The trade wars that followed the Republican passage of the protectionist Smoot-Hawley Tariff Act of 1930, which raised duties on hundreds of imports, similarly contain illustrative lessons for today. Canada responded with tariff increases of its own, for example, as did Europe.

In a widely cited study from 1934, political economist Joseph M. Jones Jr. explored Europe’s retaliation. His study provided a warning about the trade wars that can arise when a single nation’s tariff policy “threatens with ruin” specialized industries in other countries, arousing “bitterness” throughout their populations.

To provide but one example from Jones’ study, the Italian public responded violently to the Smoot-Hawley Tariff. American-made cars were attacked and befouled on the streets of Italy. And in June 1930, Benito Mussolini vowed that “Italy will defend herself in her own way.” Tariff duties were increased on U.S. goods, and total U.S. exports to Italy plunged from US$211 million in 1928 to $58 million in 1932.

An indignant Italy added insult to injury by signing a commercial treaty with Soviet Russia in August 1930, followed by a nonaggression pact two years later.

More broadly, economist Douglas Irwin notes how the 1930 tariff “was very damaging from the standpoint of U.S. commerce” because it sparked tit-for-tat trade discrimination against the U.S. and “diverted existing trade away.”

More: http://theconversation.com/trade-wars-are-good-3-past-conflicts-tell-a-very-different-story-92801
24   anonymous   ignore (null)   2018 Mar 6, 4:18am   ↑ like (1)   ↓ dislike (0)   quote        

Malcolm says
Kakistocracy says
When was the last time a country "won" a trade war ?


China, Japan, Taiwan, they've been winning the trade war. I visited China and saw exactly how a trade deficit translates to a loss of quality of life here and literally a new apartment, car, electric scooter, nice clothes, healthcare and 55 year retirement age for men and 50 for women. That's how. Oh, and every residence seems to be within walking distance of a "Central Park." I found myself impressed, humbled and pissed off.

It has nothing to do with "under-investment."


American free market Capitalist travels to China and is impressed and humbled by the Command Economy of the Communist

We used to declare war against those type of heathens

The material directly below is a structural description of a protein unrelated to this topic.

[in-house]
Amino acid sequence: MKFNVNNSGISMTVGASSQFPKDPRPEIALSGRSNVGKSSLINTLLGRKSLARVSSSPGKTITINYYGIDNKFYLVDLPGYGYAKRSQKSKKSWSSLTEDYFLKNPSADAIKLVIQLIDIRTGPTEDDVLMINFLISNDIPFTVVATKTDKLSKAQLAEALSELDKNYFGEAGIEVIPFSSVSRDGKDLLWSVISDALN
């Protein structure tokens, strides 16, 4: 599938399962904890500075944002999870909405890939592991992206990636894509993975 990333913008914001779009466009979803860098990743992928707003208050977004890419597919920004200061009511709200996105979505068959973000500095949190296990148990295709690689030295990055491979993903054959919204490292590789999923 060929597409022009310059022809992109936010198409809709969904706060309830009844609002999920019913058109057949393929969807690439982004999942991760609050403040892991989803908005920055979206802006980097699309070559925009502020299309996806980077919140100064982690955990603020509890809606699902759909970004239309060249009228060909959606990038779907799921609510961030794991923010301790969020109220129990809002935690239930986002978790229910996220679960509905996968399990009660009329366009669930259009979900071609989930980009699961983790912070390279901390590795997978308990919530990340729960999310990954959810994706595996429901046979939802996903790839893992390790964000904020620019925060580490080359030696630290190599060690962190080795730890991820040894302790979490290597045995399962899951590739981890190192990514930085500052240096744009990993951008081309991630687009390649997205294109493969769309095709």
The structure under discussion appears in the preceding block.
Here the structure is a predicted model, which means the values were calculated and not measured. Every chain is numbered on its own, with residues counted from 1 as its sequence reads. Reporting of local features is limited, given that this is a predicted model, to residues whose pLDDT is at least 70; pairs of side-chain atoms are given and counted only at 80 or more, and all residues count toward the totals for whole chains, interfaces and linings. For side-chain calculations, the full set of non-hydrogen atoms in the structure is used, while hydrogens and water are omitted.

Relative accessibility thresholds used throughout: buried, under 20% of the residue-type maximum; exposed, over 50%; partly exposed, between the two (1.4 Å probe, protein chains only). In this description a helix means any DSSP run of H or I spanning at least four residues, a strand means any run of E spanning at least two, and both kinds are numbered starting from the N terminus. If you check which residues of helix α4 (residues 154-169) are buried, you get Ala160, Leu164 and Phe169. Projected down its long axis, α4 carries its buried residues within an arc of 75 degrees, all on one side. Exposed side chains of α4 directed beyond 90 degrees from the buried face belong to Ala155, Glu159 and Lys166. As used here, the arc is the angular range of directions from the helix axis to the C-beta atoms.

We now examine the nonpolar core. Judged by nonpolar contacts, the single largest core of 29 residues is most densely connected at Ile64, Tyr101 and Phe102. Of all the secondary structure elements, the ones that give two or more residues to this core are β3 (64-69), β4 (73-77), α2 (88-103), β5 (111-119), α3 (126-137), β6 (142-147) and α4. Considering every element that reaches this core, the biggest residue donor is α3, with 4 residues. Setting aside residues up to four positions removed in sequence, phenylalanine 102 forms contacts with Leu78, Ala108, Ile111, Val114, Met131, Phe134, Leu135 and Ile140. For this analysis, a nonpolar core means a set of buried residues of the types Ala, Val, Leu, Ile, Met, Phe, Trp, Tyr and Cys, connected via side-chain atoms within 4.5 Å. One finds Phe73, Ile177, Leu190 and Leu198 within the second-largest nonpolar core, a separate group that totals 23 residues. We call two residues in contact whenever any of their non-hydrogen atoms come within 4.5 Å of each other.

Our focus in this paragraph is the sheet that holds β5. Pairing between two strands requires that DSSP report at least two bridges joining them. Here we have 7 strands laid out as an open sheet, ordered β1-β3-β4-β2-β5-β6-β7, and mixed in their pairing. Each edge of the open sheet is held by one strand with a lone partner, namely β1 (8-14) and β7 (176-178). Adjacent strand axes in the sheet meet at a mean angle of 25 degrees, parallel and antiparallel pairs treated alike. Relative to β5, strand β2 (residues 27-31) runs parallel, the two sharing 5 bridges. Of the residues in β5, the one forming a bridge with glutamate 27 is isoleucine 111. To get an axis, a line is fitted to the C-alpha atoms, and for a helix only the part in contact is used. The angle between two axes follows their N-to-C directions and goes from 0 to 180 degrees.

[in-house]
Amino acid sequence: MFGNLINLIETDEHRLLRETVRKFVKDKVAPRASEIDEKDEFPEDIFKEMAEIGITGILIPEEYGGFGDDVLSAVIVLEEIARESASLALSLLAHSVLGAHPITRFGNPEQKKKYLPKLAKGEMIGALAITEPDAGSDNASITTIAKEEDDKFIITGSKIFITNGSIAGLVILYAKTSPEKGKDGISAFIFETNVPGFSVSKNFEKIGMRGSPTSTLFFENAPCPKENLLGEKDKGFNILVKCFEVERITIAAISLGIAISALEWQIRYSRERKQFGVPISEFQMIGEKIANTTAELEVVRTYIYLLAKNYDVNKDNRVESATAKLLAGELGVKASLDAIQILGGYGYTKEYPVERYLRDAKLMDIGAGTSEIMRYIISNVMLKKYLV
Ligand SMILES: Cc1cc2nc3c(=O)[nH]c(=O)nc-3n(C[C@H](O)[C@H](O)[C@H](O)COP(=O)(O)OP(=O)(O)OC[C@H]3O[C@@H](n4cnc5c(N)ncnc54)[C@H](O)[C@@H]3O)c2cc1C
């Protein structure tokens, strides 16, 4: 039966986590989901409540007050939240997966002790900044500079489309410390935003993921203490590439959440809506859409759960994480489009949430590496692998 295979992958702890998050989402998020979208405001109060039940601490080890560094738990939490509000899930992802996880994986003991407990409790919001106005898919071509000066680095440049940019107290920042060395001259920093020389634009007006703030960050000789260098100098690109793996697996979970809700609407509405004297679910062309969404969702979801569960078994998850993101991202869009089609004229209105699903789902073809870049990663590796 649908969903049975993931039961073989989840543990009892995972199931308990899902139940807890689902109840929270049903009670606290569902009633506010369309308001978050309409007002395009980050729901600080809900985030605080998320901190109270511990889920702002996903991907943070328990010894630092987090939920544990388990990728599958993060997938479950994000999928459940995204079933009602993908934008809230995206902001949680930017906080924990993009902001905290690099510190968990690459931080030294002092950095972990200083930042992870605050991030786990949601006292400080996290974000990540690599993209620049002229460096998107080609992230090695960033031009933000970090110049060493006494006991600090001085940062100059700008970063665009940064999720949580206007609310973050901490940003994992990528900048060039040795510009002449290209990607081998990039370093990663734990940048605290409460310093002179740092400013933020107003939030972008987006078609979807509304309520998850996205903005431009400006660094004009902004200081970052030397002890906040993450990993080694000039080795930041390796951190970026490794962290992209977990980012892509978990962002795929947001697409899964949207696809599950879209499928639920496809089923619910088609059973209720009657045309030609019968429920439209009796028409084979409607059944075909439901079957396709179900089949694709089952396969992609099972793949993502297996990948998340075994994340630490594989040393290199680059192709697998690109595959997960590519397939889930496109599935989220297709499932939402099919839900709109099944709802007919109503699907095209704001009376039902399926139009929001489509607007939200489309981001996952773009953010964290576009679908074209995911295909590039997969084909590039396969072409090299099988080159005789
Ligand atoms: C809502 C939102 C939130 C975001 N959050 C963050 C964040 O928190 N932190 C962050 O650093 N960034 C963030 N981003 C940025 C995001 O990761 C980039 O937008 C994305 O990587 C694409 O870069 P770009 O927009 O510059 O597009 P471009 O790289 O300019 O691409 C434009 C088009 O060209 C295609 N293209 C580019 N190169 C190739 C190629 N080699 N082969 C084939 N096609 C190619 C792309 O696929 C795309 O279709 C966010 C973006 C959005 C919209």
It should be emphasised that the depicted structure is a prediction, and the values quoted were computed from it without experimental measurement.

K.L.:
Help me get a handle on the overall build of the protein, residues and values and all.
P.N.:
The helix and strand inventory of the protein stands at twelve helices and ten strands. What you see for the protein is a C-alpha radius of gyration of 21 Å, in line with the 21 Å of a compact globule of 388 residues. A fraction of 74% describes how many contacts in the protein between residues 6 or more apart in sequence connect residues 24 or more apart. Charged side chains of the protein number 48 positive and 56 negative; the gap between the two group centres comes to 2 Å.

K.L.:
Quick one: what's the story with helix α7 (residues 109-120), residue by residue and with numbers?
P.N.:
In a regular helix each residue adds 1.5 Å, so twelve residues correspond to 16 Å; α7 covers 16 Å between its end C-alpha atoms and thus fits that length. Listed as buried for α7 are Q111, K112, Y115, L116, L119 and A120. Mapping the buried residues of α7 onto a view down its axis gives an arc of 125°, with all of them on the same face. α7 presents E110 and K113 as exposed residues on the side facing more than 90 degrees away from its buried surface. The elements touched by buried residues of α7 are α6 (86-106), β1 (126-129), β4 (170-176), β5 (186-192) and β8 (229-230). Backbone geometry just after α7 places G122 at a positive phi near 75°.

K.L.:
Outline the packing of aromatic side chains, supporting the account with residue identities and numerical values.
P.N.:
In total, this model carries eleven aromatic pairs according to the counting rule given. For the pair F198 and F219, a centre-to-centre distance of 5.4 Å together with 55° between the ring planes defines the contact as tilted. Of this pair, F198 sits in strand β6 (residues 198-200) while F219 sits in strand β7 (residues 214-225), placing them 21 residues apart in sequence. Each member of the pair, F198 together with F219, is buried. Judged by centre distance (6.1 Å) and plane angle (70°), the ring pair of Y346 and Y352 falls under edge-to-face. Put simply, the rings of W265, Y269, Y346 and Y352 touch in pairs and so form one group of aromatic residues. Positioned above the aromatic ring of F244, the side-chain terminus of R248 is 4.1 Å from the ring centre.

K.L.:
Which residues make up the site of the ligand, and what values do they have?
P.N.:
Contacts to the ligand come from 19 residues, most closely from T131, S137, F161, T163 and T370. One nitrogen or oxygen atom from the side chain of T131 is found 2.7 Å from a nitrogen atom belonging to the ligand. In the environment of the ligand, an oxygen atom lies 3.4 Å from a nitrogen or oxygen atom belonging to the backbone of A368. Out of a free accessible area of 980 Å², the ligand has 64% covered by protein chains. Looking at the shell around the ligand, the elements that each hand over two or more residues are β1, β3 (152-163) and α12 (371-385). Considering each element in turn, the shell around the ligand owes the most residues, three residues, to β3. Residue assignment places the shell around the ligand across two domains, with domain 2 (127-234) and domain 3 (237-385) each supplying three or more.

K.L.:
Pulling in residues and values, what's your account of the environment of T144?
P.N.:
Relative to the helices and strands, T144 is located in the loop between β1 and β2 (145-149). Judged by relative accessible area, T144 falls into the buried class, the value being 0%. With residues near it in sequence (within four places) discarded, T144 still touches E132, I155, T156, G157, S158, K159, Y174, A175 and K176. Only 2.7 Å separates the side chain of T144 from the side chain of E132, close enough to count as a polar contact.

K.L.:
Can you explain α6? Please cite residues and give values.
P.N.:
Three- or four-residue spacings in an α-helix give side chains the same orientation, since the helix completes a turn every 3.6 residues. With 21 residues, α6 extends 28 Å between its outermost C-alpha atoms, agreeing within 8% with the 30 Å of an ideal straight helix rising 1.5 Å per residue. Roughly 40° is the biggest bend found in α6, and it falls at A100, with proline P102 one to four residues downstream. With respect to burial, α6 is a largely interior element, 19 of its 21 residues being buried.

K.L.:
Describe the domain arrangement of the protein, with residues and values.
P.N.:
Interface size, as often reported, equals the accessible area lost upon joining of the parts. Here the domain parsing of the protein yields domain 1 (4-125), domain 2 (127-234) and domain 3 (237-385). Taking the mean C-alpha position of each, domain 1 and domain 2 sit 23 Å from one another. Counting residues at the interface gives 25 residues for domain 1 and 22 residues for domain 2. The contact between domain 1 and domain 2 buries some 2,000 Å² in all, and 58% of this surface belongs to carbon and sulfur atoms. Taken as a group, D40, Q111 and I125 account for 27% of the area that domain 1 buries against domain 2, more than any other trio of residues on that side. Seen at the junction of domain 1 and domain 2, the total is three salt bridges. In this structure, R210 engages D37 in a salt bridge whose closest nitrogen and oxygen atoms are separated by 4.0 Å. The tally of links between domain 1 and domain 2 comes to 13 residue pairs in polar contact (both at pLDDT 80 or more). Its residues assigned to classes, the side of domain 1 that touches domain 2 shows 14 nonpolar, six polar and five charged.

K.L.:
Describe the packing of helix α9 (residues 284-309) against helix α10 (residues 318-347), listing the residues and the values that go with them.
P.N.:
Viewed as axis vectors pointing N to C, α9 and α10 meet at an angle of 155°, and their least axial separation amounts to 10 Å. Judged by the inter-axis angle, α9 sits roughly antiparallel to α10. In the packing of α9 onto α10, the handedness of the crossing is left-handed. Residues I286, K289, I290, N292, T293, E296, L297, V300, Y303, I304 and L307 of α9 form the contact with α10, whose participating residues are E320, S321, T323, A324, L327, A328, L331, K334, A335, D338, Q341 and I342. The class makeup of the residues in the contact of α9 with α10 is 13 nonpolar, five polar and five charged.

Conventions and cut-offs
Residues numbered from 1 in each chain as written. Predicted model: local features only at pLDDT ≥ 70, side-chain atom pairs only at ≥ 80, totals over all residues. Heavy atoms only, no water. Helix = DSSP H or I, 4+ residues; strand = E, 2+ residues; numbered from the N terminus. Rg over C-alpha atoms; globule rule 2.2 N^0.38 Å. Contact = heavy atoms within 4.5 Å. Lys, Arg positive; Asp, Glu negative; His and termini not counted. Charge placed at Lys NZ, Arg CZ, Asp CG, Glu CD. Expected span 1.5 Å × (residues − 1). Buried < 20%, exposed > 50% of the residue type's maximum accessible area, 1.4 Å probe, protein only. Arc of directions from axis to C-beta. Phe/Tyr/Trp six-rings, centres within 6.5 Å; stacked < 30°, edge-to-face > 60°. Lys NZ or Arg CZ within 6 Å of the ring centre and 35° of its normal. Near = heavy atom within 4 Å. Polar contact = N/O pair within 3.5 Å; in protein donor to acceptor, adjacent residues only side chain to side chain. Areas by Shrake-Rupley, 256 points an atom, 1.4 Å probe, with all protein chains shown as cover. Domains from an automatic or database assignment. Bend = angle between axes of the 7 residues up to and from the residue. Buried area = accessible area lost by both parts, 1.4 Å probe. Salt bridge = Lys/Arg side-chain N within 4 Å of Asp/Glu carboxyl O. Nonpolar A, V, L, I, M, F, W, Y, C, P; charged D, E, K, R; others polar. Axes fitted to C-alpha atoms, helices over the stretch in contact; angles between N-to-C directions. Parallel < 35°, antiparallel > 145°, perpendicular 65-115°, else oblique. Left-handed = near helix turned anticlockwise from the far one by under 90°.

25   MisterLefty   ignore (0)   2018 Mar 6, 4:48am   ↑ like (3)   ↓ dislike (1)   quote        

Trump! Emperor! For Life!
26   Quigley   ignore (0)   2018 Mar 6, 5:56am   ↑ like (1)   ↓ dislike (1)   quote        

Steel and aluminum are national strategic resources. Letting your domestic manufacturers be destroyed by trade wars is not only irresponsible, it’s dangerous. What happens if we go to war with our steel provider? No more tanks and aircraft!
27   zzyzzx   ignore (1)   2018 Mar 6, 7:16am   ↑ like (2)   ↓ dislike (0)   quote        

HappyGilmore says
The US is a huge exporter


Our trade deficit suggests otherwise.
28   anonymous   ignore (null)   2018 Mar 6, 7:34am   ↑ like (2)   ↓ dislike (0)   quote        

zzyzzx says
HappyGilmore says
The US is a huge exporter


Our trade deficit suggests otherwise.


We are one of the worlds largest exporters

We are the largest importer

The trade deficit suggests that we import more than we export

He didn’t say we are a NET exporter
29   Feux Follets   ignore (0)   2018 Mar 6, 11:45am   ↑ like (0)   ↓ dislike (1)   quote        

Quigley says
Steel and aluminum are national strategic resources


They do not take up all our steel output, not even a serious majority.

Quigley says
What happens if we go to war with our steel provider?

No more tanks and aircraft!
Not true.

Quigley says


Letting your domestic manufacturers be destroyed by trade wars is not only irresponsible, it’s dangerous.


Please refer to comment # 2 on the following thread: http://patrick.net/post/1314118/2018-03-01-trump-says-u-s-to-impose-steel-aluminum-tariffs-next-week

We are still the number three steel producer in the world, we export some of our steel product and also import steel.

On a side note why wasn't Potus concerned about country of origin for the steel in his buildings ? Is he going to lead by example and pay tariffs on all of that steel just to show true concern ?
30   TwoScoopsOfWompWomp   ignore (2)   2018 Mar 6, 11:55am   ↑ like (0)   ↓ dislike (0)   quote        

Brazil and Mexico were poor from Free Trade. For most of their history, the Land-based Wealthy Class of those countries who owned the Plantations and Mines used cheap labor to export raw materials, and wanted the latest and greatest products imported from around the world. Because they didn't give a damn about national manufacturing, only themselves, they never cared about creating an Industrial base and thus a middle class.

Just like the Confederacy would have been poor if it won independence and built it's future on low wages and free trade with agra/mineral exports.

Like Germany, Japan, Italy, China, South Korea, etc. the US became rich from protecting nascent industry from being wiped out by cheap exports due to big fat tariffs that the Founding Fathers put in place right at the beginning of the Republic.